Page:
The Top Benefits of Remote Learning
While you may be eager to get back into a physical classroom, the benefits of remote learning might be enough to persuade you to carry on learning at home.
Why has remote learning become more prominent?
The COVID-19 pandemic forced us all into a new way of living and remote learning was the only option for a lot of people. But that’s not to say it hasn’t always been available for those in higher education.
Distance Learning Centre has been offering remote courses for more than twenty years and today we have more than 250 courses available.
If you’re looking to expand your knowledge base, or learn a new skill then doing it remotely could be the best option for you.
Benefits of remote learning
Work in a safer environment
One of the biggest benefits of remote learning is the option to work in a safer environment. Whilst we like the idea of getting back to a normal way of living, having remote learning as an option allows us to work with no risk of infecting others or having them infect us.
Everyone leads a busy life, now more than ever, so whether you’re fitting in your learning around another job, social aspects of your life, family time, looking after children, or anything else - the flexible timetable comes in handy to allow you to study when you can.
The flexible timetable may also suit people who prefer to work at certain times of the day, you might be more productive first thing in the morning or later in the evening. The huge draw of remote learning is that you can do it when it suits you best.
Work at own pace
When learning in a classroom a teacher will only have a set amount of time that can be given to a specific topic, so if you don’t understand it you’ll have to make a note to revisit that particular item later. Whereas if you’re learning from home you can work at your own pace and take the time needed to ensure that you grasp a particular element of the learning you’re doing.
When you’re working at your own pace you’re less likely to feel rushed or intimidated by other students who may have grasped something that you didn’t the first time you heard it.
A biology instructor at Duke University told the APM podcast Educate, that whilst in the classroom students would be less likely to answer questions, but when teaching over Zoom she gave them the opportunity to answer questions anonymously. She said that more students than ever are answering the questions she puts to them, and many don’t understand what is being taught.
She explained she put to them a question she deemed easy to start them off and more than half the class actually answered incorrectly. From this she realised that those who were volunteering the answers in class do so because they know the answer, whilst those who might have trouble understanding the topic will shy away from answering.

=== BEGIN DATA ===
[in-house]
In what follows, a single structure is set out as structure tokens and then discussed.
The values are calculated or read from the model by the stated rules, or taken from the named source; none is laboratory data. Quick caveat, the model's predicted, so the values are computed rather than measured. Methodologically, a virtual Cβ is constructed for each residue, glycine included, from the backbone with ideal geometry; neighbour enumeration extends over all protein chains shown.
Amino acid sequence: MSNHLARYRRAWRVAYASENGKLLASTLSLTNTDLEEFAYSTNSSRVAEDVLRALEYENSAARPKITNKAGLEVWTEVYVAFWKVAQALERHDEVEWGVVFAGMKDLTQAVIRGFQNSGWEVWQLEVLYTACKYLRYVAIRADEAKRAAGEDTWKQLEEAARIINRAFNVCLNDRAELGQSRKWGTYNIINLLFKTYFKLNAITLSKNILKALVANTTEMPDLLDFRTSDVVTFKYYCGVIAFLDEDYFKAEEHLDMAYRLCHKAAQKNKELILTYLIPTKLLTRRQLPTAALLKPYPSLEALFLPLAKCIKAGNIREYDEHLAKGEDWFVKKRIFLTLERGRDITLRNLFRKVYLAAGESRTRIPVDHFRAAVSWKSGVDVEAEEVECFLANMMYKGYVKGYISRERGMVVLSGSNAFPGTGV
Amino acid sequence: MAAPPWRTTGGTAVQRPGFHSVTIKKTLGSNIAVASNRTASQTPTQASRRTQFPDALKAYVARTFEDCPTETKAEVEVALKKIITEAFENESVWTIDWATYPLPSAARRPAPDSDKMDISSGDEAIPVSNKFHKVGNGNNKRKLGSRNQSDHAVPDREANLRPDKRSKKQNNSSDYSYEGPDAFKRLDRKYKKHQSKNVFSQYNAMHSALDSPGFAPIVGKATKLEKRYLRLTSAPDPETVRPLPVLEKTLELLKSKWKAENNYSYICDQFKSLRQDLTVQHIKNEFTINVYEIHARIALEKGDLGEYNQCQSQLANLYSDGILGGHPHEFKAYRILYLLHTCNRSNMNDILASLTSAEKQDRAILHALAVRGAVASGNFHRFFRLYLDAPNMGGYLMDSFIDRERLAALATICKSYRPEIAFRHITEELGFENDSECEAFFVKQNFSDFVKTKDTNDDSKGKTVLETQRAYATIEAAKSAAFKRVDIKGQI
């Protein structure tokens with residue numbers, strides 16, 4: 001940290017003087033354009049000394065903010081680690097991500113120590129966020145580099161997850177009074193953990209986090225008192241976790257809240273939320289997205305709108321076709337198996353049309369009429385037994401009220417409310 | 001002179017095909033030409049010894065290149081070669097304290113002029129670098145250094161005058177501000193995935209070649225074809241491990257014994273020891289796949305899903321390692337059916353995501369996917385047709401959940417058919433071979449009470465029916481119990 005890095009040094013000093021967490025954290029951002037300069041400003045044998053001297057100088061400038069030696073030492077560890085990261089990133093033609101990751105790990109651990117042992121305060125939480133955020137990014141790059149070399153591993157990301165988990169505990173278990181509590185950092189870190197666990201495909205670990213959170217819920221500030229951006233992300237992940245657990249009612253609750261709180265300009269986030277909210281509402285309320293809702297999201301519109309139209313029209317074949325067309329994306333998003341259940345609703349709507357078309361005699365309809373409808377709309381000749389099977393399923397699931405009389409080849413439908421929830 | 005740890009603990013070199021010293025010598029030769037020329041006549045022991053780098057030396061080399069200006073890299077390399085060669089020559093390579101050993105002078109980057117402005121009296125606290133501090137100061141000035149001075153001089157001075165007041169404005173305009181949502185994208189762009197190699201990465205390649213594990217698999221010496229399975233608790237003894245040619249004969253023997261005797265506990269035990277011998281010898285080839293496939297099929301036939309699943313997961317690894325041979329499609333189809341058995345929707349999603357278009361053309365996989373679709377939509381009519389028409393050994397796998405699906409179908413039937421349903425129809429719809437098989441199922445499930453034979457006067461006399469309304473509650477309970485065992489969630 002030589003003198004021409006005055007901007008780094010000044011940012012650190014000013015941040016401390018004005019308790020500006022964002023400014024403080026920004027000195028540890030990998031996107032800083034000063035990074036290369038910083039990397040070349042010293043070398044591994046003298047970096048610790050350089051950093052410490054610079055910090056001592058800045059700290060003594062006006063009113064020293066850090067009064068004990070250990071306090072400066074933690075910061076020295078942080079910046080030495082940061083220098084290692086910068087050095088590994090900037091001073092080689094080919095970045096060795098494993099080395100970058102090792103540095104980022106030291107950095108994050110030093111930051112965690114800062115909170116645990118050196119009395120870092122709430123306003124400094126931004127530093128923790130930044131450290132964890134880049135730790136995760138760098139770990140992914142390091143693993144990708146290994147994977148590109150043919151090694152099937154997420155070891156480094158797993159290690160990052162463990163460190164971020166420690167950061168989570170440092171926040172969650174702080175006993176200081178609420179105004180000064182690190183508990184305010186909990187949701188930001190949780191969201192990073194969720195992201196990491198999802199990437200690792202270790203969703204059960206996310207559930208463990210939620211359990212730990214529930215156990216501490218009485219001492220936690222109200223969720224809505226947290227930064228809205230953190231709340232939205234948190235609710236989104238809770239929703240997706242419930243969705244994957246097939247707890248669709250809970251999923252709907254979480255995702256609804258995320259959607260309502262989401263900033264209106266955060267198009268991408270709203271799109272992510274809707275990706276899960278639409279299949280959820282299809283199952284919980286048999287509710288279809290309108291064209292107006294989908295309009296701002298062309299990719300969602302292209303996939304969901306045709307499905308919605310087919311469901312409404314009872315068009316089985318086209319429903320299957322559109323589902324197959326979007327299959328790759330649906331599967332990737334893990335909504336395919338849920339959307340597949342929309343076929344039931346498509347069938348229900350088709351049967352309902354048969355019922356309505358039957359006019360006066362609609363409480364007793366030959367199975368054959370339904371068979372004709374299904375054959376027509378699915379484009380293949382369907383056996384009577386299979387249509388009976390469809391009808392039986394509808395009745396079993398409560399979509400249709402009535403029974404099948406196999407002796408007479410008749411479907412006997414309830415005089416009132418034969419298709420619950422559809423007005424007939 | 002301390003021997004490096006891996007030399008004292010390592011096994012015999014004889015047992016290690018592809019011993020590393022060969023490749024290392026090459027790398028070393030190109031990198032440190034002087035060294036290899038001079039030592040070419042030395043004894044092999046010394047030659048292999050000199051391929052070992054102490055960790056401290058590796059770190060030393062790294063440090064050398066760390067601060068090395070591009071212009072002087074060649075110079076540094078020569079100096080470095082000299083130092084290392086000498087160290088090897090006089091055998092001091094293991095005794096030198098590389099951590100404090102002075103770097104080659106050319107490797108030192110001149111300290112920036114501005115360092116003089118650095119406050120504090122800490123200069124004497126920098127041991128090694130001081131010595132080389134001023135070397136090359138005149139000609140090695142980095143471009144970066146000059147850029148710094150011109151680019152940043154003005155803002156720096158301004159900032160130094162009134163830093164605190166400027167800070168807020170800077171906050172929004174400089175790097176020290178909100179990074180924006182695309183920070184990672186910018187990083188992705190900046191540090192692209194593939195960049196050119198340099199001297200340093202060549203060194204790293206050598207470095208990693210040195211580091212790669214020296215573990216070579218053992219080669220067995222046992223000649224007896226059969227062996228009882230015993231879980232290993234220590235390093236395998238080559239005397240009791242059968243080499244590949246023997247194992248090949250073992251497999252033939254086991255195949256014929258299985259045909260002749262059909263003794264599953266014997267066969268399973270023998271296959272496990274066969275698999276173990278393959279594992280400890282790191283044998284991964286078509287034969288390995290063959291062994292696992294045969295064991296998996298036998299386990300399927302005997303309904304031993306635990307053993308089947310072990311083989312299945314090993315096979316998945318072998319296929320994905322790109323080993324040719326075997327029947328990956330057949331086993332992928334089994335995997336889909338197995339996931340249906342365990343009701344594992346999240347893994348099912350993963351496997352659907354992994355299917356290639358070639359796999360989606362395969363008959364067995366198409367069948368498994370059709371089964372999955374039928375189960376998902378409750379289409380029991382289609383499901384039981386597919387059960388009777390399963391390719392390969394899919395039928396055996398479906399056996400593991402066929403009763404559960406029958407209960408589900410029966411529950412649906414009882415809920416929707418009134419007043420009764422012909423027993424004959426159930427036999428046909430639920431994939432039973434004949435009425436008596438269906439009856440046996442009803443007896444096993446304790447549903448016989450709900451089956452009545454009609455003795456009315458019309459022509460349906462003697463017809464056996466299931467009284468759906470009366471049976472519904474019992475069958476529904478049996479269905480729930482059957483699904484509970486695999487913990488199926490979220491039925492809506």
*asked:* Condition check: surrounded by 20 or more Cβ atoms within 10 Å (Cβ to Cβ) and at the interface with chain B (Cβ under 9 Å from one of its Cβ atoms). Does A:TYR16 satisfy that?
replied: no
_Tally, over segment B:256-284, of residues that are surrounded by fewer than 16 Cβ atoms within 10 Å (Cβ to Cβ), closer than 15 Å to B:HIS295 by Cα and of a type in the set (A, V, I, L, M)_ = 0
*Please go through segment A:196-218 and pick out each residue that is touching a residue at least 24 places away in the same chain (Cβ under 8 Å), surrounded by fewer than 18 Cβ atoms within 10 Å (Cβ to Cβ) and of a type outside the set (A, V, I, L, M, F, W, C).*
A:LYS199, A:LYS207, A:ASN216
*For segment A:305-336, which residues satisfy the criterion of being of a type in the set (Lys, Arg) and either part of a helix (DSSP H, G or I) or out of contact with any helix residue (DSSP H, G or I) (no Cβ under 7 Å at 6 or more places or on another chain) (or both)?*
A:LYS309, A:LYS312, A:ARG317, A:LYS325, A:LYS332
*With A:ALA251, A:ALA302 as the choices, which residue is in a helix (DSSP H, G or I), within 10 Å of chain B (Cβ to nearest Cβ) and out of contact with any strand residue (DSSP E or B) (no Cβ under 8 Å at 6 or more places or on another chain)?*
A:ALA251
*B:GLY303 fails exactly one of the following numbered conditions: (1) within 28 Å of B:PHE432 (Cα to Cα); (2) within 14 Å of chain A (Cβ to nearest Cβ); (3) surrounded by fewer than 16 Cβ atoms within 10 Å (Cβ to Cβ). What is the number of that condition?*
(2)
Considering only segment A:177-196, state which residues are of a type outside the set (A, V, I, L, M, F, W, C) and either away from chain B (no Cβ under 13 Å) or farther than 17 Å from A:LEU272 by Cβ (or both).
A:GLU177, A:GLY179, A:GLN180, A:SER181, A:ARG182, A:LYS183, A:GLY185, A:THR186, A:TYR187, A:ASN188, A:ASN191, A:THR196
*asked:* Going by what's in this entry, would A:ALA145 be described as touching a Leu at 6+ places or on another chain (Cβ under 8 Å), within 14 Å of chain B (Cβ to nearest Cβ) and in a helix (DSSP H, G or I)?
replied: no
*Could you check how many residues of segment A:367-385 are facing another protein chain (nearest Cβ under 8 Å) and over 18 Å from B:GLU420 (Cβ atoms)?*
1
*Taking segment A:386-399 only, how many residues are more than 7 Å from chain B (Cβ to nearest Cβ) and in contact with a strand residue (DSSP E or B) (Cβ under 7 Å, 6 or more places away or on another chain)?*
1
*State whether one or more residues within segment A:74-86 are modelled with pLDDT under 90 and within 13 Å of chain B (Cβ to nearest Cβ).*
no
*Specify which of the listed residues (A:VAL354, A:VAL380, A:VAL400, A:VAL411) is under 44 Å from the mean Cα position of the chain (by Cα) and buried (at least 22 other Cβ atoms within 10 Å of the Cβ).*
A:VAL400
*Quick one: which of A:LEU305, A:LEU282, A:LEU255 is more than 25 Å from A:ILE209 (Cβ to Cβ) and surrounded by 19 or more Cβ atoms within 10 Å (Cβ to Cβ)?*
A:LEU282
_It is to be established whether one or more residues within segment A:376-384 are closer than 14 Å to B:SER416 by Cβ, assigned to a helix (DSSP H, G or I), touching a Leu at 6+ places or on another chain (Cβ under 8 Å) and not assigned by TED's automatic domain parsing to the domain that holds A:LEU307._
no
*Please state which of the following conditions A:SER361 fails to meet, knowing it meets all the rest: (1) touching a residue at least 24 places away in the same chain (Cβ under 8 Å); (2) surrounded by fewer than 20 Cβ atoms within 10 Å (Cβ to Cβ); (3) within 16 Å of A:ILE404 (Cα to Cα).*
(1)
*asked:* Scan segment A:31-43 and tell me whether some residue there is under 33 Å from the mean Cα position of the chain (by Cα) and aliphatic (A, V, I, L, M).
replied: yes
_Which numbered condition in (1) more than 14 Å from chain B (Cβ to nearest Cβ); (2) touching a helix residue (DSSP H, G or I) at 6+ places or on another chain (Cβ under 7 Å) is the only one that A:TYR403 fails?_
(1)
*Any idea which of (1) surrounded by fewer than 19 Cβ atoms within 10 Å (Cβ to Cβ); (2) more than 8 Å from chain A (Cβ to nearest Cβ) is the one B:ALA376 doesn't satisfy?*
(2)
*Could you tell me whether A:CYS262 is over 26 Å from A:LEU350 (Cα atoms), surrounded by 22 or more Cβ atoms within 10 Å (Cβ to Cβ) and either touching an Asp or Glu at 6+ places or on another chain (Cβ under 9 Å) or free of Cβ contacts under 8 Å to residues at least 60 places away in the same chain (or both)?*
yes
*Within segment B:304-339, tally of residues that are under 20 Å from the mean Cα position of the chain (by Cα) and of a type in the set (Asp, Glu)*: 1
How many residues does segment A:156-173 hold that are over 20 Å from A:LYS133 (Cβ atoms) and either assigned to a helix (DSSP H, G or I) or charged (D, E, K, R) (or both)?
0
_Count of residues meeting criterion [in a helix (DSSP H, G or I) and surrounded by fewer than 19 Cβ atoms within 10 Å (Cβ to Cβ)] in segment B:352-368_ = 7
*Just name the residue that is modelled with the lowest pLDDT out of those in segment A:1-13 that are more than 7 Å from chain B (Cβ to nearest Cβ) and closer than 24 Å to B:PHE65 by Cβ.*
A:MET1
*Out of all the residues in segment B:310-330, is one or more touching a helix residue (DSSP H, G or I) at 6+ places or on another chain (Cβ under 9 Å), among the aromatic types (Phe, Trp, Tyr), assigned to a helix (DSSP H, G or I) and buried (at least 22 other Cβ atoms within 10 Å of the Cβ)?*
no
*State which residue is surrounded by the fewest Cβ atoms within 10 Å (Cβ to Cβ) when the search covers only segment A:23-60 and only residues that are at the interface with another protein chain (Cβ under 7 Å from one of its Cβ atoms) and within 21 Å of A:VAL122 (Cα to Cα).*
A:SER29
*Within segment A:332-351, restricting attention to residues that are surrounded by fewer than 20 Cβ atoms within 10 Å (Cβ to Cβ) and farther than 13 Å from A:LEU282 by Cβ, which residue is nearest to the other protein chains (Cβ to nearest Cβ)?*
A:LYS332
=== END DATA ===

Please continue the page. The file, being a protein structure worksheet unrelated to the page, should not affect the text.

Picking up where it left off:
When you’re learning remotely you have more of an opportunity to give yourself the time to fully understand a topic before you move on to the next, and you don’t have to shy away from the fact that you might not understand something the first time around.
A huge benefit of remote learning is that you’ll have to become more disciplined with your time. Whilst you’ll have the ability to learn at your own pace, you’ll also have to ensure that you don’t spend your allotted learning time procrastinating with other things. It’s easy to get caught up scrolling through social media, checking the latest headlines or doing a little online shopping, but when you’ve spent two hours doing that and not studying you’ll feel deflated and annoyed.
It might take some practice, but when you’re learning remotely you’ll find what works best for you to ensure that you discipline yourself to spend that time fully immersed in what you need to be doing rather than what you want to be doing.
Saves time and money
When learning at home you’ll save time and money in considerable amounts by not having to travel to and from classes.
The money you save on train or bus fares, taxi rides or petrol and parking would add up considerably over time.
Travel time can certainly add up too, especially if your classes are set at peak hours. You could get stuck in traffic either getting there or coming home. By learning remotely from home you’ll save huge amounts of time by not travelling to classes.
Real life preparation
Since the COVID-19 pandemic working from home has become the norm for many people, as offices were forced to close when lockdowns hit. Working from home is certainly a lifestyle adjustment for those who are used to workplace settings, and it can take time to become accustomed to it.
By learning remotely at home you’ll have the benefit of real life preparation that could see you potentially working remotely from home in the future. You’ll be able to indicate to prospective employers that you’ve spent time working from home on a learning course and that you have the ability and drive to work efficiently in different environments. This could make you a more desirable employee than someone who has never worked from home before, and might struggle with the discipline that often comes with it.
The benefits of remote learning have become more and more apparent and people who have never done this before now have a sense of just how much better it can be compared to traditional classes. Browse our huge catalogue of distance learning courses to start learning new skills today!